Saturday, 10 a.m. I am at the Birdhouse, an old Victorian home in the Fourth and Gill neighborhood that has been repurposed as a community meeting space, and I am tearing open a mesh bag of Cuties. I arrange the clementines on the table next to the store-bought croissants and juice boxes; this has now become a ritual, though not a meditative one.
I am interrupted by text messages from volunteers telling me that the clients aren’t home or aren’t ready or don’t have a car seat; the language barrier precludes them from coaxing the ladies to the car. I troubleshoot and reassure. Soon children start to toddle in ahead of their mothers, shoes missing or on the wrong feet, followed by retired white ladies carrying booster seats and toys and looking frazzled. I put on my best hostess smile and thank them profusely for their patience.
The volunteers are now in the backyard refereeing the older kids’ ball game. The sun starts to peer through the overcast sky. I am holding the littlest baby on the back steps and stabbing straws into successive juice boxes for the eager toddlers who have formed a queue. I am sleepy, and I am missing Saturday brunch, but I’m glad these work hours will buy me out of some time during the week. I can’t complain. These Congolese refugee women’s support groups were my doing, after all. No one specifically asked me to invent more work for myself on weekends. But I’ve had woman after woman sit in my office at the resettlement agency and answer my questions about transportation with shame in her eyes. “How do you get to work?” I ask. “Are you taking the bus?” Each one relies on a ride from a different Congolese man more familiar with America. Each has her own guy who’s agreed to show her the ropes, who has the critical currency of a car. The price? Sex.
Baby on my hip, I’m back in the house for another handful of juice boxes and some clementines. I’ve tried to remove myself from the situation, giving the mamas and teen girls their space to speak openly. As I fumble with the snacks at the back table, Mariam stands up. She’s the orator of the group, much like her husband. She thanks the facilitator from the Sexual Assault Center of East Tennessee, thanks the interpreter, thanks God. She begins everything with a benediction. I catch words and phrases I know in Swahili — gari, kazi, mtoto, basi, probleme — and I note the nods and mumbles of agreement from the group. Who can blame them for their predicament? The bus is slow and unreliable and means wrangling kids in the rain. I’ve lived in Knoxville my whole life, and I’ve never even taken the bus myself. How can I expect them to? I shush the baby and slip out, my brief intrusion a violation.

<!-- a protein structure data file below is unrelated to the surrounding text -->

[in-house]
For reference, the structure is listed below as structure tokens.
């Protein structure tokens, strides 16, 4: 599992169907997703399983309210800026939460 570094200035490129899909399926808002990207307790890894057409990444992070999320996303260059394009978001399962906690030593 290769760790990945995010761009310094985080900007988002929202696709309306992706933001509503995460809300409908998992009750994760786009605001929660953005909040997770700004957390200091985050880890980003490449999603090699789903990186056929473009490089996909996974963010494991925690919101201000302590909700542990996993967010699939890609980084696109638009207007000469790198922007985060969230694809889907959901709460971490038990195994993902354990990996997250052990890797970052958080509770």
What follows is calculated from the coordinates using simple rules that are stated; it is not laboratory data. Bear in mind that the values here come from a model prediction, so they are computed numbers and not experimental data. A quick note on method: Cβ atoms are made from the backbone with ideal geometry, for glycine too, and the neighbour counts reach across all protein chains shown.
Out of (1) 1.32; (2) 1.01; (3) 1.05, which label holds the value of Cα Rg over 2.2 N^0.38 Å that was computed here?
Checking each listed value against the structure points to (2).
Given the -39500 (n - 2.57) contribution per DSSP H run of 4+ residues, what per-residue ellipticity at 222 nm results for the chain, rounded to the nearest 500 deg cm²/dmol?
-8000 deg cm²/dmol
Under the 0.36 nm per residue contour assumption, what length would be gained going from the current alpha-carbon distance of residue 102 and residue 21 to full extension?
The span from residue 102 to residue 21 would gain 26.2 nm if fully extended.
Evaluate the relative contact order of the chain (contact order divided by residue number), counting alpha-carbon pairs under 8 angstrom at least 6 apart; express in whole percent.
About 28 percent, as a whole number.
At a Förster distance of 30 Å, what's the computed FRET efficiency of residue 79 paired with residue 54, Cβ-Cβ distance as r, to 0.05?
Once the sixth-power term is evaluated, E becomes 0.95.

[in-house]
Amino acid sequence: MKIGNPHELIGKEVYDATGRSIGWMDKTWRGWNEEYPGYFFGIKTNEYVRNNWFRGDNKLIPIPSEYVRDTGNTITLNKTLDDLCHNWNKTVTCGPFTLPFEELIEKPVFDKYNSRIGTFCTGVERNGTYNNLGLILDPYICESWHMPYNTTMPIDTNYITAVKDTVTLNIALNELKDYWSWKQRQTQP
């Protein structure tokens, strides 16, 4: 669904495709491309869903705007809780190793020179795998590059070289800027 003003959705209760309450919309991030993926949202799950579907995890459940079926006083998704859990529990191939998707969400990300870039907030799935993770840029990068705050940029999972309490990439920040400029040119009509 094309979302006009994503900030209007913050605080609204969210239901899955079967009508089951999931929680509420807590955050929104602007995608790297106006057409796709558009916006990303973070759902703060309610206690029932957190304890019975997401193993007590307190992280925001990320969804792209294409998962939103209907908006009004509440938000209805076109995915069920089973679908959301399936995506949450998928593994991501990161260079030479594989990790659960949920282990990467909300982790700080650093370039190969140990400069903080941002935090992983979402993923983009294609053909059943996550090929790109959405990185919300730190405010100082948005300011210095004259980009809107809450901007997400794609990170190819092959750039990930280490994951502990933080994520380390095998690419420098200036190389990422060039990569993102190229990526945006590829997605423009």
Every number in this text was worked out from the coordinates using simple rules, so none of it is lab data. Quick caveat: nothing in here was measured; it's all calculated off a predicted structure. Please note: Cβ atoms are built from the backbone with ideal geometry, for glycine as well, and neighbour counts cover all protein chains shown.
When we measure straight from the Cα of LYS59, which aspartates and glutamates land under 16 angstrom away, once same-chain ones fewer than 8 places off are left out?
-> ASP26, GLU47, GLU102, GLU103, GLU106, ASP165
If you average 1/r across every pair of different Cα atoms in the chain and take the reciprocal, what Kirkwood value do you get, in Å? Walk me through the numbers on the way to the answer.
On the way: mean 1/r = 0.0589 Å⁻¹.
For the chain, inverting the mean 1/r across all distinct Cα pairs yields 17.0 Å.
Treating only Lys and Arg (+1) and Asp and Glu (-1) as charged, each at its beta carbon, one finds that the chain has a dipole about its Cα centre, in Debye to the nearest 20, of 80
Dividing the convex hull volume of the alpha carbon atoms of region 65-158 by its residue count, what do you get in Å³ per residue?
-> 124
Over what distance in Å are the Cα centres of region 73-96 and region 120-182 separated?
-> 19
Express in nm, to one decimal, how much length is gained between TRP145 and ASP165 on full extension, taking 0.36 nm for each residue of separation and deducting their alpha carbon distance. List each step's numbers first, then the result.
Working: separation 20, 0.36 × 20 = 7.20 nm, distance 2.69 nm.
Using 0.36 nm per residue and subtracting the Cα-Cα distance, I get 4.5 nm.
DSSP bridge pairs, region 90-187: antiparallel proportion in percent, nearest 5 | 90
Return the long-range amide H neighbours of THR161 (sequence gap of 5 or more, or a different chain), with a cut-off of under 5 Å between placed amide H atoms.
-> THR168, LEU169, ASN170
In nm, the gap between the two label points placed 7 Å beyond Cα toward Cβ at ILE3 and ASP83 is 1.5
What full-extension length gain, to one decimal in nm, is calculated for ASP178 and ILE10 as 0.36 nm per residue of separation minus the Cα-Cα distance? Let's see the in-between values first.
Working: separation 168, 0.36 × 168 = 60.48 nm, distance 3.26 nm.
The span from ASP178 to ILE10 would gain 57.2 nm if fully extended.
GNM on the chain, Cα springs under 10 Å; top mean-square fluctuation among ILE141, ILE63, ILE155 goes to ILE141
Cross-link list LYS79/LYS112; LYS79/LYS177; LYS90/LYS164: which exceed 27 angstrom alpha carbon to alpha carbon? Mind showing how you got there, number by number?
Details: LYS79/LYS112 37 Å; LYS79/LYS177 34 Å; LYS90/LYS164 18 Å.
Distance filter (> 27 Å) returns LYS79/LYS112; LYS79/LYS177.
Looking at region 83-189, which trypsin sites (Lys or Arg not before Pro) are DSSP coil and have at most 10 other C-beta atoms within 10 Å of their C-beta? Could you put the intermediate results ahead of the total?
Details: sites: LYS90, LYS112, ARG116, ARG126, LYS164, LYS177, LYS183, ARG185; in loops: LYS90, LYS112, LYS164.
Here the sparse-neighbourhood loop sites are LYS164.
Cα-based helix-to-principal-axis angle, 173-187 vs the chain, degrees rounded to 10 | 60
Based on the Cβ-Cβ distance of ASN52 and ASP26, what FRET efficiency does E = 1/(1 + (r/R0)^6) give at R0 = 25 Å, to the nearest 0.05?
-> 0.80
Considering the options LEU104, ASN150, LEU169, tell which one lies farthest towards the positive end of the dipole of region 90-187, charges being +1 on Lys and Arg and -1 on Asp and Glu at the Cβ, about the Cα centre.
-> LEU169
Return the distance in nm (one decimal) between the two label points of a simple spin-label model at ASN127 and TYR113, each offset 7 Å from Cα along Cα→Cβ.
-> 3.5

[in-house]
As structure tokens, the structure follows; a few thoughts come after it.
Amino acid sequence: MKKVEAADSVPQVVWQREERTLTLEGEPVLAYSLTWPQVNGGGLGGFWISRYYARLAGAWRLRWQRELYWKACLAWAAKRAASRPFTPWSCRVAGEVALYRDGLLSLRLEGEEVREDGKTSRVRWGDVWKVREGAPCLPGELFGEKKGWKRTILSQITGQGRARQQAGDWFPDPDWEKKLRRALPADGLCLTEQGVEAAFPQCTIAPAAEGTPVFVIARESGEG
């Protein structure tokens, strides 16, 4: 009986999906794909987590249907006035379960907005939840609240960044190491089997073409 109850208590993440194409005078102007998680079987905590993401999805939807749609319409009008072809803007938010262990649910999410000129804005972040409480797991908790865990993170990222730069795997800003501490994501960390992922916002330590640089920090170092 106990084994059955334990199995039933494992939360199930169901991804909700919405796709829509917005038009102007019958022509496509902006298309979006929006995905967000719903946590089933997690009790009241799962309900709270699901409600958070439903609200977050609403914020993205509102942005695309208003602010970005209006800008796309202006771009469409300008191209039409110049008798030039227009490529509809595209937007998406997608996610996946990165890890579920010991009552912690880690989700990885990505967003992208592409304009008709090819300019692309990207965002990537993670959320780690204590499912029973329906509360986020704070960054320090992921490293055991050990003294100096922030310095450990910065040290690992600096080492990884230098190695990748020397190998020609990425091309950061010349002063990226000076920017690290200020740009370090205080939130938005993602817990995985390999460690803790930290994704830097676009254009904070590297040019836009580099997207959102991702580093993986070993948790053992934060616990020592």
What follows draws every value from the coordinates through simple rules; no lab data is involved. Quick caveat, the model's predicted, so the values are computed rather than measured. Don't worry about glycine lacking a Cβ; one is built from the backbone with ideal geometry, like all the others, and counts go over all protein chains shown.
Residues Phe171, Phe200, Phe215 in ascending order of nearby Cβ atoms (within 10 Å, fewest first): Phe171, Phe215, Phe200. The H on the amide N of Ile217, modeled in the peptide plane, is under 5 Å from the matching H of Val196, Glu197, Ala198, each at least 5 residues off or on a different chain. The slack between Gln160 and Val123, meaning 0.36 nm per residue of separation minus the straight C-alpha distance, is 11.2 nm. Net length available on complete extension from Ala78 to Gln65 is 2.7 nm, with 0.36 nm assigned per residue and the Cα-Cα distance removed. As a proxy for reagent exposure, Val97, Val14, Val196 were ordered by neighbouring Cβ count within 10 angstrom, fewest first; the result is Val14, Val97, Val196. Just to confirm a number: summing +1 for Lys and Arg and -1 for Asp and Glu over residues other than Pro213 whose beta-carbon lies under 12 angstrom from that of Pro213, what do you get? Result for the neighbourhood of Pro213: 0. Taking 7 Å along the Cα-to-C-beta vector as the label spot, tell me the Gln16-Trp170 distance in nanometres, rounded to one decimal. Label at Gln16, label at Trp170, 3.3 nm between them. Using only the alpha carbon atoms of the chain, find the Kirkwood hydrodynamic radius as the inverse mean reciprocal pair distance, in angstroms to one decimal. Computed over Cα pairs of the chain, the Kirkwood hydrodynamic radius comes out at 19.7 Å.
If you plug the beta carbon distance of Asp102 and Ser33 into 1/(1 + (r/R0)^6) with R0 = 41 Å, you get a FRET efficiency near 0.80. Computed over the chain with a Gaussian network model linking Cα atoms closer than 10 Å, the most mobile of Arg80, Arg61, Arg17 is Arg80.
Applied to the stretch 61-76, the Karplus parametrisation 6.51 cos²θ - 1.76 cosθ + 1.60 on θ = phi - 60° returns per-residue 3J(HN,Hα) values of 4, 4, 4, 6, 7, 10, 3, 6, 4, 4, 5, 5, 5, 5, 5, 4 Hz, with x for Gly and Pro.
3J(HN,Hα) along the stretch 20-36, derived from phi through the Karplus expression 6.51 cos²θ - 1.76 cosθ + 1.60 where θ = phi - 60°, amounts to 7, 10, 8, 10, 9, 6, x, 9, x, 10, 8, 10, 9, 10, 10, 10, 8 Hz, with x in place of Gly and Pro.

As the meeting dissipates, volunteers fumble with car seats, and babies scream at the uprooting. The food I intended to save for next week disappears into bags and cars, and I let it, nonprofit budget be damned. I debrief with the interpreter and facilitator, and the discussion reveals our naivete, as always. These women who have carried their rapists’ children don’t find it useful to frame this transportation transaction as violence. These women who have always known poverty do not find it useful to look at maps and count coins and stand at stops when a few minutes of grinning and bearing will get them straight to their destination. The talk therapy and resources and phone numbers that the speaker’s brochures have to offer are all good and well for violence, but this is not that. This is survival.
I know these women would rather have mandazi or chapati than Food City croissants. I know my breakfast offering is humble at best and unappetizing at worst. But I’ve learned about Nido, and I’ve learned where to find its big yellow can in the store so they can stir its familiar powder into their tea. I’ve systematized the childcare and learned how to coddle the volunteers. The groups are growing, from 3 women to 8 and now to 20. Sure, women are still riding with men to the grocery store during the week. But on Saturdays, we play with their children and pour the tea. And everyone leaves a little more full than when they arrived.
Copyright © 2023 by Summer Awad. All rights reserved. Summer Awad is a Palestinian-American poet, essayist, and playwright from Knoxville. She is a second-year MFA candidate in Creative Writing and Environment at Iowa State University and has four years of experience in refugee resettlement work in Tennessee.